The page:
Earlier this week the Reserve Bank (RBA) published their latest household finance ratios which showed the ratio of household and housing debt to disposable income continued to climb over the December 2017 quarter, reaching a new record high.
Each quarter, the RBA publishes a spreadsheet of selected household finance ratios.
The data provides insight into the level of household indebtedness as well as the value of household assets.
The first chart shows the ratios of household and housing debt to household disposable income over time. At the end of 2017, both ratios had increased to record high levels.
The ratio of household debt to disposable income was recorded at 188.6% and the ratio of housing debt to disposable income was 138.9%.
Over the past 12 months, the ratios have increased by 4.4% and 4.3% respectively.
While the ratio of household and housing debt to disposable income has risen to record highs, so has the ratio of household assets to disposable income.
The ratio of housing assets to disposable income is close to its record high.
As at December 2017, the ratio of household assets to disposable income was recorded at 961.5% and the ratio of housing assets to disposable income was recorded at 525.3%.
Both ratios rose over the quarter and were 4.2% and 4.1% higher respectively over the year.
Based on the ratios of household and housing debt to assets, the RBA data shows that the value of household and housing assets is substantially greater than the value of the debt.
At the end of 2017, these ratios were recorded at 19.6% for household debt to assets and 26.4% for housing debt to housing assets.
Each of these ratios was unchanged from the ratios as at December 2016.
It is important to recognize a few things about this data.
Firstly, it is a macro view so there are households in a significantly weaker position (marginal buyers, recent buyers and owners in markets where values have fallen substantially) as well as households in a much stronger position (households that have held their properties for many years).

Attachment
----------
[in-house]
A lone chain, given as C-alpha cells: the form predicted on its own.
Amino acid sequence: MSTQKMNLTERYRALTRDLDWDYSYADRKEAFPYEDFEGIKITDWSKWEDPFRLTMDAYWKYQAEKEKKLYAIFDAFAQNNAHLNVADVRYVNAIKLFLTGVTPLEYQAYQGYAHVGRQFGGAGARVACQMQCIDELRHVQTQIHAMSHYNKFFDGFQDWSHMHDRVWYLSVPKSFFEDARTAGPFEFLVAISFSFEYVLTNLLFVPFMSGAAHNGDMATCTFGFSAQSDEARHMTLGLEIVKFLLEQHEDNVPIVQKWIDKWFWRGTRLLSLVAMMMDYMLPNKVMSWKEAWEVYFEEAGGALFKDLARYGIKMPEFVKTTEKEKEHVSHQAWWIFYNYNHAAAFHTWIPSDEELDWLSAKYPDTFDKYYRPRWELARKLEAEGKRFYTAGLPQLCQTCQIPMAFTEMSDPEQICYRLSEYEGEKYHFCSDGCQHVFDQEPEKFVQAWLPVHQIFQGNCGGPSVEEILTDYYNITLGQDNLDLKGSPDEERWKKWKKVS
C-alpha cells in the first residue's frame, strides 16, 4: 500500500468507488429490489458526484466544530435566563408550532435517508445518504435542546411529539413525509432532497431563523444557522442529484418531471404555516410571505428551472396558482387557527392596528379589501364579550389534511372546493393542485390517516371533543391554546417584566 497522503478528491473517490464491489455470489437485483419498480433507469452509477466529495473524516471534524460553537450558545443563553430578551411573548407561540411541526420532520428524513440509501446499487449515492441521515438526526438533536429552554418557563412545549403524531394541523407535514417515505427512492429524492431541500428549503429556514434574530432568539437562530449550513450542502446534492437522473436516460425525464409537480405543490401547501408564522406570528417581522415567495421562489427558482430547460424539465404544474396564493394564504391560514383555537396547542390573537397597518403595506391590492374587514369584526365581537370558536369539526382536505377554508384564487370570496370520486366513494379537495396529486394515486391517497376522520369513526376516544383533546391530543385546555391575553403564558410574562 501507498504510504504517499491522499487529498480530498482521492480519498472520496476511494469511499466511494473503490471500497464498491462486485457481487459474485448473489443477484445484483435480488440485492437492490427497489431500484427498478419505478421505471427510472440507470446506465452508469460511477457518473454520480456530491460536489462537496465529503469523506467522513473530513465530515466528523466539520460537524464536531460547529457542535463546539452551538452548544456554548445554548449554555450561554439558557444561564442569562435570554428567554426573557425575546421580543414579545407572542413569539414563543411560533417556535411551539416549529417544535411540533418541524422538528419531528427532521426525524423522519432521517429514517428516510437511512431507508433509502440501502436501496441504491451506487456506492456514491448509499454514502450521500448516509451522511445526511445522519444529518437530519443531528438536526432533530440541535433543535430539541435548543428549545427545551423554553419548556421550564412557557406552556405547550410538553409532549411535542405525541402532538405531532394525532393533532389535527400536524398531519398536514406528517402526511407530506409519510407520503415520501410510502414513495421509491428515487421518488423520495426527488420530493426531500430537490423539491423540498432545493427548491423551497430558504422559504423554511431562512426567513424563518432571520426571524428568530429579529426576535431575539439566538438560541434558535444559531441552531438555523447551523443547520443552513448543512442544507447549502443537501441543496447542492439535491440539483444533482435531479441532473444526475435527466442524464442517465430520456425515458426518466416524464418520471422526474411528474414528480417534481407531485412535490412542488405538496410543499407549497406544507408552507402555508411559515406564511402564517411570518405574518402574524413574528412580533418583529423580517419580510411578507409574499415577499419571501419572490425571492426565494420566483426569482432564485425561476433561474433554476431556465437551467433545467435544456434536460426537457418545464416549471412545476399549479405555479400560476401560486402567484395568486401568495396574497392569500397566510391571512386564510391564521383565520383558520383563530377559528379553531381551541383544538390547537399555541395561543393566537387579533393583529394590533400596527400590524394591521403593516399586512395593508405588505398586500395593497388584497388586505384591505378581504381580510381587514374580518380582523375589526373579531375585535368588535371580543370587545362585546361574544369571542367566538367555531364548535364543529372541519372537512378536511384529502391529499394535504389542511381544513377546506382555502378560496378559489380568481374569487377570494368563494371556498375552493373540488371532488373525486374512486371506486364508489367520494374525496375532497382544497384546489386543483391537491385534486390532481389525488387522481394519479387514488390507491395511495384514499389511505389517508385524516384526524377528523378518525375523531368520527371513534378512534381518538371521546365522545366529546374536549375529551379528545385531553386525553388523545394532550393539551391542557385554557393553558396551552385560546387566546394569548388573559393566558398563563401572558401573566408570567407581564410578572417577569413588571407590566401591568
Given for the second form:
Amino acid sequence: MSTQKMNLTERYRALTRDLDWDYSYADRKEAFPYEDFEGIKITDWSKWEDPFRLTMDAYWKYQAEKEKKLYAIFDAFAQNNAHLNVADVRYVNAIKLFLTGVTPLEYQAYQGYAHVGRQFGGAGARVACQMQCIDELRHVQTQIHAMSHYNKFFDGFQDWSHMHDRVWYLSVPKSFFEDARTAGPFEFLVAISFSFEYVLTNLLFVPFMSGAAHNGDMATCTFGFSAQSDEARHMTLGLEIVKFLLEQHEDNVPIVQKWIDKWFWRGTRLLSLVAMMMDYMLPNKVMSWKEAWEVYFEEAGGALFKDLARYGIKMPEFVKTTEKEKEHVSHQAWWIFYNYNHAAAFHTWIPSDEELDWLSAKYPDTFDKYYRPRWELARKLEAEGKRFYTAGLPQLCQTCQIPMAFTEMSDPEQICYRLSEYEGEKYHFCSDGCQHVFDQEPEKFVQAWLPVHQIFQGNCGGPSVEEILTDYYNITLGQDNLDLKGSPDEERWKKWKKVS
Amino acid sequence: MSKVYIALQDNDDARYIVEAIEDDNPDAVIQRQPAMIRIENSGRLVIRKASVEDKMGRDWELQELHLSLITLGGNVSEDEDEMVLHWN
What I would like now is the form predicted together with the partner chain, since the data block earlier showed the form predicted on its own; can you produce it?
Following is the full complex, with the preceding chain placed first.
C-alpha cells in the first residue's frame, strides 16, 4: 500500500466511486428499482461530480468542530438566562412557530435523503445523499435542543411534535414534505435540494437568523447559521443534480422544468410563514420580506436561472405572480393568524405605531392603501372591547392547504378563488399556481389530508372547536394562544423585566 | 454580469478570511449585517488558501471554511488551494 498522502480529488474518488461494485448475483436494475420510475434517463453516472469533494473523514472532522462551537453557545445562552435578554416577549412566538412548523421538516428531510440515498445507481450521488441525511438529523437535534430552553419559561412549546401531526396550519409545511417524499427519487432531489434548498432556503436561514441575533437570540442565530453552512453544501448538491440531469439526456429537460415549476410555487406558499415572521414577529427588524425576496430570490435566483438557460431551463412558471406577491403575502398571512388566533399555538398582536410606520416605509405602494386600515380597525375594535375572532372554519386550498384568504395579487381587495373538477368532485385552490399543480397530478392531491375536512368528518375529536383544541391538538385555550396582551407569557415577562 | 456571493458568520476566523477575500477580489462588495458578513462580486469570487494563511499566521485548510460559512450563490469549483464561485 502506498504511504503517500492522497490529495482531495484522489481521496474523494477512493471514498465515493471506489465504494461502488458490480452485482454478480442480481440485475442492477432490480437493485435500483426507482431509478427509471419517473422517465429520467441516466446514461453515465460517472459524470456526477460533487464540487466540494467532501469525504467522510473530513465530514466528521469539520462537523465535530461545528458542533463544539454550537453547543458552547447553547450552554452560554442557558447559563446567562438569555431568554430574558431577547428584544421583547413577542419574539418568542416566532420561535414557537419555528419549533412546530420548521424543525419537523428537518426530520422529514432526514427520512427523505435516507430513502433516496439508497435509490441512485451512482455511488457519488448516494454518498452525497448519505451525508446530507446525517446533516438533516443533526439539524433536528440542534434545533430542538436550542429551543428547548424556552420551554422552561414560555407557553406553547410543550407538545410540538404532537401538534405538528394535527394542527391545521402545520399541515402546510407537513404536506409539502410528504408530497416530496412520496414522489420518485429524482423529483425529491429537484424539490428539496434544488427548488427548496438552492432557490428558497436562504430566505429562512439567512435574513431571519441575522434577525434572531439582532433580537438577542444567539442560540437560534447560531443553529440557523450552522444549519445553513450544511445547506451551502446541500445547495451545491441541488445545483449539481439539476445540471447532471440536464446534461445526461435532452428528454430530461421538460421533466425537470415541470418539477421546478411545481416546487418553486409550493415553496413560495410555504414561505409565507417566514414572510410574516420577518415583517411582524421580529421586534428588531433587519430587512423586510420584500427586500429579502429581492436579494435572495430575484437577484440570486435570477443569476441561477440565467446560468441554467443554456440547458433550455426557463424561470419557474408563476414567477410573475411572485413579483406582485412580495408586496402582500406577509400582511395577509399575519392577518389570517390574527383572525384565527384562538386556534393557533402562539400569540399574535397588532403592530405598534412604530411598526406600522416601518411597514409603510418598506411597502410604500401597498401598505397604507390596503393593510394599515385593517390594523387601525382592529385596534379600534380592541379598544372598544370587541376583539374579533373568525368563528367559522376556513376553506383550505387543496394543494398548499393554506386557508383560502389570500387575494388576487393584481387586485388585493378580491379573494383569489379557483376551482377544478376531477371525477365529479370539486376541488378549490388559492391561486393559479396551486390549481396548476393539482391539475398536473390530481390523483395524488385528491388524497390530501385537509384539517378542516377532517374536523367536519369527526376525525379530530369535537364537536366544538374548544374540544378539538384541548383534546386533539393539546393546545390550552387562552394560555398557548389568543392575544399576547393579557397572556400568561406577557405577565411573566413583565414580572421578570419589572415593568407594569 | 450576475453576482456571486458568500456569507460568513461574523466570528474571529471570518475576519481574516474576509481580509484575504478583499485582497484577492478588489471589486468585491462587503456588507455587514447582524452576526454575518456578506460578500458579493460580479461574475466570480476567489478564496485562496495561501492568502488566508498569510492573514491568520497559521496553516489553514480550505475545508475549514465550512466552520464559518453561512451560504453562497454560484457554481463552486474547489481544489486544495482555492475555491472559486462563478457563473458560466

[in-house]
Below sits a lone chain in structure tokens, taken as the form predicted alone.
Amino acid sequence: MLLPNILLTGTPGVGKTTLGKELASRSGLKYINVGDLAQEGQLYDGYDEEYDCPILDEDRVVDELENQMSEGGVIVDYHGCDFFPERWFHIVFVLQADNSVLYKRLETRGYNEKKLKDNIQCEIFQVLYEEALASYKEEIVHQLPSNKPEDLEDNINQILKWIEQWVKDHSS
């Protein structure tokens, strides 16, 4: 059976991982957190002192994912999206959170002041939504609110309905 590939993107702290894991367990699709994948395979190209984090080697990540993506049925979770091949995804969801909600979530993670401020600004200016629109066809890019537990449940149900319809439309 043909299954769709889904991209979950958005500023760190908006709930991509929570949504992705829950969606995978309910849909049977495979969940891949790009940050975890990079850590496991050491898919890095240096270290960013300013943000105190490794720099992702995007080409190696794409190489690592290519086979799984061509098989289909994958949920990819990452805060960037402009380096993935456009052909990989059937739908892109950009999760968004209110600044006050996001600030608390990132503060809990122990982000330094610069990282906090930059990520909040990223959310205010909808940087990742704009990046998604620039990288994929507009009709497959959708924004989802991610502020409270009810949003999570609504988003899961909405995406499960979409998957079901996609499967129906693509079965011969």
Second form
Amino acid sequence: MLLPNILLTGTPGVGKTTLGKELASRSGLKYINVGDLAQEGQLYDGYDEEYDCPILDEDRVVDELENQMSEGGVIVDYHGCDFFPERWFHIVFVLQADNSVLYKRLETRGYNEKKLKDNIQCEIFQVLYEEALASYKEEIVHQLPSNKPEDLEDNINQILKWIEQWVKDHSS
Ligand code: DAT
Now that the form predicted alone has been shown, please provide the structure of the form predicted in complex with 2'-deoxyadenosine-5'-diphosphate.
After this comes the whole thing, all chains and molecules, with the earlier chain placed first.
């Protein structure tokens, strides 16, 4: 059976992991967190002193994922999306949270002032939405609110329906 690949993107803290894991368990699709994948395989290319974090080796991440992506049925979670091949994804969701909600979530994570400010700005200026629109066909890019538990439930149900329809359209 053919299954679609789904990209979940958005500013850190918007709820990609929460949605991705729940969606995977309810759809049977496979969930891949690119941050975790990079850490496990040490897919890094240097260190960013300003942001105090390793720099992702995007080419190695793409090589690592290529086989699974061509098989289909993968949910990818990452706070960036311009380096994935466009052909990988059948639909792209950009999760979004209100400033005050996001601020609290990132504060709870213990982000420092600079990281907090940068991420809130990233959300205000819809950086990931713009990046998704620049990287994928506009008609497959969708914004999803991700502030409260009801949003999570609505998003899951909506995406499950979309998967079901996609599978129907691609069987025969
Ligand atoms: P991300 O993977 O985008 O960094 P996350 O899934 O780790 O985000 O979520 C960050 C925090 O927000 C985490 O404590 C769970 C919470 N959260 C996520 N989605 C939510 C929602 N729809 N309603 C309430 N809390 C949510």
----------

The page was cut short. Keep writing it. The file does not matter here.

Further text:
Secondly, this data looks at all households so includes those that carry no housing debt which is estimated to be around 40% of all households.
Also note that in periods in which dwelling values have fallen (2008 and 2010-12) there have been some sharp rises recorded in these ratios.
Over recent years the value of household assets has been increasing at a more rapid rate than the value of debt.
Over the past year, there has been a deceleration in the increase in household assets while household debt has continued to expand at a fairly consistent pace.
With dwelling values now declining over the coming year(s) the value of debt may expand at a faster pace than the value of assets.
The lending market in Australia is currently evolving.
After very high levels of interest-only borrowing over recent years, recent quarters have seen substantially fewer new interest-only loans written and an increasing number of borrowers voluntarily switching to principal and interest.
This will mean that a higher proportion of borrowers are reducing their debt.
At the same time we have seen dwelling values begin to fall in major housing markets.
Although these falls to-date aren’t substantial, they will likely lead to a reduction in the value of housing assets.
At the same time, these value falls may result in fewer active buyers as they remain on the sidelines.
The result of both of these changes means that both household debt ratios and household asset ratios may see falls over the coming years.
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